Admitted Student Day
On April 2, 2015, BYU Law invited students who have been offered a spot in the 2018 class to visit campus. Students were able to meet with faculty and current students, ask questions, and form connections. The day was filled with informative sessions, food, and networking. Before the luncheon, prospective students heard from Dean James Rasband, who spoke on the benefits of attending law school, and especially the virtues of BYU Law itself. “The very best part of this place is the people,” he said.
“Studying law is not just fascinating, but it is also critical. The rule of law is at the core of everything we hold dear. Without thinking much about it, everything we do every day is mediated by the law,” Dean Rasband said. “There isn’t anything better than a law degree for teaching you how to think carefully about hard problems. In that sense, a law degree is the pinnacle of a liberal arts education. I’m also convinced that a law degree is, at its core, a leadership degree. There’s no better way to learn to be a leader than to go to law school.”
Dean Rasband expressed that law is not only a leadership degree but it is also a healing degree. He explained: “As some of you may know, the medieval or early modern tradition recognized only three ‘professions:’ law, medicine, and clergy. Why was law part of the original three professions? Partly, I think it’s the idea that all three of those professions were required to swear some form of oath to uphold ethics. Part of it is the expectation that professionals use their privileged position and specialized knowledge to help others and not just for personal advantage.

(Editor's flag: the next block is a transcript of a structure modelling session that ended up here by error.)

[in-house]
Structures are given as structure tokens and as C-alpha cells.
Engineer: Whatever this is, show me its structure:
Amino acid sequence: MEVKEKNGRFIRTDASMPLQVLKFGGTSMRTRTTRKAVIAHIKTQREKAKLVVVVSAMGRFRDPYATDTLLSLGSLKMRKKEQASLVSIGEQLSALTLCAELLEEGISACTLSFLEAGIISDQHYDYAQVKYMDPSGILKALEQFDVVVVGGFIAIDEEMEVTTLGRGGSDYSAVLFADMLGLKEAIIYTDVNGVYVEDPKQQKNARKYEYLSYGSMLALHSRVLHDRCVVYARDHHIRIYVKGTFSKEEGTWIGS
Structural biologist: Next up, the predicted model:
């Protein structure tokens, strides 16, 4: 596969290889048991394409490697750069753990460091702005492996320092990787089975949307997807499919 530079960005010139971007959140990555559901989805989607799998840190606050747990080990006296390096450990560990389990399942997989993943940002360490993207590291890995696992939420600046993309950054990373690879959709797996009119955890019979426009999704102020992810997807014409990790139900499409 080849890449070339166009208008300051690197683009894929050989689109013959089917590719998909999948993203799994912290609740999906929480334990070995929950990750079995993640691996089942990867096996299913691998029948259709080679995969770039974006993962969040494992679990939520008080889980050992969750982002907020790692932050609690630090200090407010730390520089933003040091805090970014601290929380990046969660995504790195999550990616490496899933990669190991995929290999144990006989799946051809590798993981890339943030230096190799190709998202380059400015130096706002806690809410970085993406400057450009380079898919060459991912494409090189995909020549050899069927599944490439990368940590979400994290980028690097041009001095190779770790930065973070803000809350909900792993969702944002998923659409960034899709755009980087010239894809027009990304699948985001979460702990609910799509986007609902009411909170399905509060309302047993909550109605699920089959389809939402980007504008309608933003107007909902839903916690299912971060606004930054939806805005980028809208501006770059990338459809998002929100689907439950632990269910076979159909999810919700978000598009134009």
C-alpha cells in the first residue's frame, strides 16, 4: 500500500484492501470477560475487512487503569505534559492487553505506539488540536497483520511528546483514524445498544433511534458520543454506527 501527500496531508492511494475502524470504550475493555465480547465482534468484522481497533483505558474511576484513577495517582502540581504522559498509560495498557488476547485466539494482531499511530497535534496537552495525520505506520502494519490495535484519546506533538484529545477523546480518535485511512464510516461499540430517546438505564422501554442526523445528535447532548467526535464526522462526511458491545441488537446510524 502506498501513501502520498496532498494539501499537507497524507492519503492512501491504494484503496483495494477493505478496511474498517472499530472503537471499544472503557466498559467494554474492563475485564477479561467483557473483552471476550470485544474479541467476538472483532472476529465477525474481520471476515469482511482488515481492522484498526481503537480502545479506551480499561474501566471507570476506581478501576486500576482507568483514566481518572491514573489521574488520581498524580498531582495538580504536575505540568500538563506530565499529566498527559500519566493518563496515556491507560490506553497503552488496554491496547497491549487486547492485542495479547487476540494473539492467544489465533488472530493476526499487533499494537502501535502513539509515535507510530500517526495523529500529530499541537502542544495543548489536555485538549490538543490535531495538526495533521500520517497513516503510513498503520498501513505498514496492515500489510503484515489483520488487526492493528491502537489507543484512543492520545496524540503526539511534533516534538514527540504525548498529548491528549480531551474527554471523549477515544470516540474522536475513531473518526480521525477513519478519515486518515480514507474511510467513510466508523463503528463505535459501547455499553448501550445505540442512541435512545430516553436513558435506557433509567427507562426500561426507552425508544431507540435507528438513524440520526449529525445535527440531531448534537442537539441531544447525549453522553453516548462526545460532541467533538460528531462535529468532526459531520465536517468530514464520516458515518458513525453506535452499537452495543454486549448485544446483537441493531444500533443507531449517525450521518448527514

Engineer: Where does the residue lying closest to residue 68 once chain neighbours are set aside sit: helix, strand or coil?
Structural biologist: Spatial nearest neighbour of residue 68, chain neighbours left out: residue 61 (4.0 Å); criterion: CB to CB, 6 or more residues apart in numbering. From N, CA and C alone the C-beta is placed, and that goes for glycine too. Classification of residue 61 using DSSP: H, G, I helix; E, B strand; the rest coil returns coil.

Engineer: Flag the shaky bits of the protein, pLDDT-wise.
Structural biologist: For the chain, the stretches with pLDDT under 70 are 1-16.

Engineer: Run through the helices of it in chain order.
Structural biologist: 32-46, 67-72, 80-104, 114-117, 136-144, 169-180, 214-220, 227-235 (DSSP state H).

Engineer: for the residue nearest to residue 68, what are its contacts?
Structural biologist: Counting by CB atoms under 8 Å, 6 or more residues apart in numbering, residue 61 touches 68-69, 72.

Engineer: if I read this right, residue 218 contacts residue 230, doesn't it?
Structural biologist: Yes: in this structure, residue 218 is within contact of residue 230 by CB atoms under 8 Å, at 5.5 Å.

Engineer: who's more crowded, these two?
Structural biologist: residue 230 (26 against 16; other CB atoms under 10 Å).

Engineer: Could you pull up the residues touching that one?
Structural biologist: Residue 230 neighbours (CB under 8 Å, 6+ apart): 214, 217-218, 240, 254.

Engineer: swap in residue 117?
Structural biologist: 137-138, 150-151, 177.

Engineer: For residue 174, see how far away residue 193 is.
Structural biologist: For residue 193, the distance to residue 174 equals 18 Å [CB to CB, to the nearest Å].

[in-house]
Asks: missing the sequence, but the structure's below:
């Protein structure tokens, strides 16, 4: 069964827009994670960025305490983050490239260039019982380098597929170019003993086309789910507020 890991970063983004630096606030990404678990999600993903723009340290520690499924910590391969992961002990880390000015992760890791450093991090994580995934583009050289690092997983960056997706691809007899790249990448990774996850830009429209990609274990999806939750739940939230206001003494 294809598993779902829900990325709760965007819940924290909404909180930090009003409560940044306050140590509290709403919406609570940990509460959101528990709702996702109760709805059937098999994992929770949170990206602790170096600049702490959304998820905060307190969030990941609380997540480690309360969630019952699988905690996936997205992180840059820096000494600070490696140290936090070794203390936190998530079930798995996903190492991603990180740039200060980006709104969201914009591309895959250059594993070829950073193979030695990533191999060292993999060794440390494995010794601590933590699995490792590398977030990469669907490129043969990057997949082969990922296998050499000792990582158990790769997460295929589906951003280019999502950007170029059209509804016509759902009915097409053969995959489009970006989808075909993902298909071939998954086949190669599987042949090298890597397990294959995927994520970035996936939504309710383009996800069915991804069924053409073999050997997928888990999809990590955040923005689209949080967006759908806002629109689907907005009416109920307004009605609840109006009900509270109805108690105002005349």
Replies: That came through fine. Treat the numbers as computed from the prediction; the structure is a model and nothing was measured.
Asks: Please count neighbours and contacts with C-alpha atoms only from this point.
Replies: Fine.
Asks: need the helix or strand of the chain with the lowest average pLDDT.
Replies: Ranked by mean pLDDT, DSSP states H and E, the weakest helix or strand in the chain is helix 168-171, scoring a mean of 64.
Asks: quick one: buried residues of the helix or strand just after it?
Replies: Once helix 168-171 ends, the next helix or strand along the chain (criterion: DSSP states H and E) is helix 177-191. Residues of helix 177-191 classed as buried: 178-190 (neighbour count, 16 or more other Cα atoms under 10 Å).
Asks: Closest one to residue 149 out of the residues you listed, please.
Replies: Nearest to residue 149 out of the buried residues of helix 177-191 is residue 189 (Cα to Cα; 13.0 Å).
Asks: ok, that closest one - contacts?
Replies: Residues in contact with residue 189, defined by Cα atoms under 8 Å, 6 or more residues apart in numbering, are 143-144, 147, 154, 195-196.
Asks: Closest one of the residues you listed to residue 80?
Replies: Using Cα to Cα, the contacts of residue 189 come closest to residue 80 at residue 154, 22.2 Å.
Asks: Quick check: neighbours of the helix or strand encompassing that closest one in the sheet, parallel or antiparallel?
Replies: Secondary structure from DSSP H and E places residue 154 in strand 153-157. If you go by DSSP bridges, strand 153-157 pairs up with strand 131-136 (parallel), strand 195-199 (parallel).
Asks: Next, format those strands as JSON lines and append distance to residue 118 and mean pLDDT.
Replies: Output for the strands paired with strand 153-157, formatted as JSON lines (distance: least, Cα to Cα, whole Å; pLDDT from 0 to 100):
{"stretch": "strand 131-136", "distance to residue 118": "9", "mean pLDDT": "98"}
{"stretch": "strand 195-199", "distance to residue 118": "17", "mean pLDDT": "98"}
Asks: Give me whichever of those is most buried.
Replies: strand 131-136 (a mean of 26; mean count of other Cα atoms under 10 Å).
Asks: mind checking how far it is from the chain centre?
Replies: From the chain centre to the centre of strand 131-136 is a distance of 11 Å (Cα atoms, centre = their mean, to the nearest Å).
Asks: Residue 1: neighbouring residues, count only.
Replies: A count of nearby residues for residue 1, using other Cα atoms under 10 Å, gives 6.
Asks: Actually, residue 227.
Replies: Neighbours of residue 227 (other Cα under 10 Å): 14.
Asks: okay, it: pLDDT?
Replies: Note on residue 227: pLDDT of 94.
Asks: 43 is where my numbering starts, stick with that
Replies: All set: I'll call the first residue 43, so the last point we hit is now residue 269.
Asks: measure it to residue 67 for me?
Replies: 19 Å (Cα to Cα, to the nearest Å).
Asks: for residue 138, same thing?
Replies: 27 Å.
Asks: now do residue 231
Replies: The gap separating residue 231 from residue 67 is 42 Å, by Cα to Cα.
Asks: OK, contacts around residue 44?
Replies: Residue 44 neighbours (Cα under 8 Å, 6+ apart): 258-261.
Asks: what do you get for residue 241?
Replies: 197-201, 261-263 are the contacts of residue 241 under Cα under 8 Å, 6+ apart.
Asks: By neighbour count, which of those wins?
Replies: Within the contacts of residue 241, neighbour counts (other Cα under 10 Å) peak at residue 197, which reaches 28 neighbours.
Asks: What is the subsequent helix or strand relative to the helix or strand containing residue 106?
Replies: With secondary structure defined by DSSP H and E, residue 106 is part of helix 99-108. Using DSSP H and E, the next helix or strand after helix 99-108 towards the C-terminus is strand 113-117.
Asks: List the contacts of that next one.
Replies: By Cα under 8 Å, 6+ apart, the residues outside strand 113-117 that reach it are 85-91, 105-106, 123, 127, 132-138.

“Another key attribute of the original three professions,” noted Dean Rasband, “was that each enjoyed this privilege of confidentiality.” He quoted former Dean Bruce C. Hafen who explained, “They were all healers, those to whom we open up our inner most secrets when something seems to threaten our very lives physically, spiritually, or in some other way that would destroy our liberty, our property, or our chance to live. We go to them to be healed, to be made whole, and to regain control of our lives.”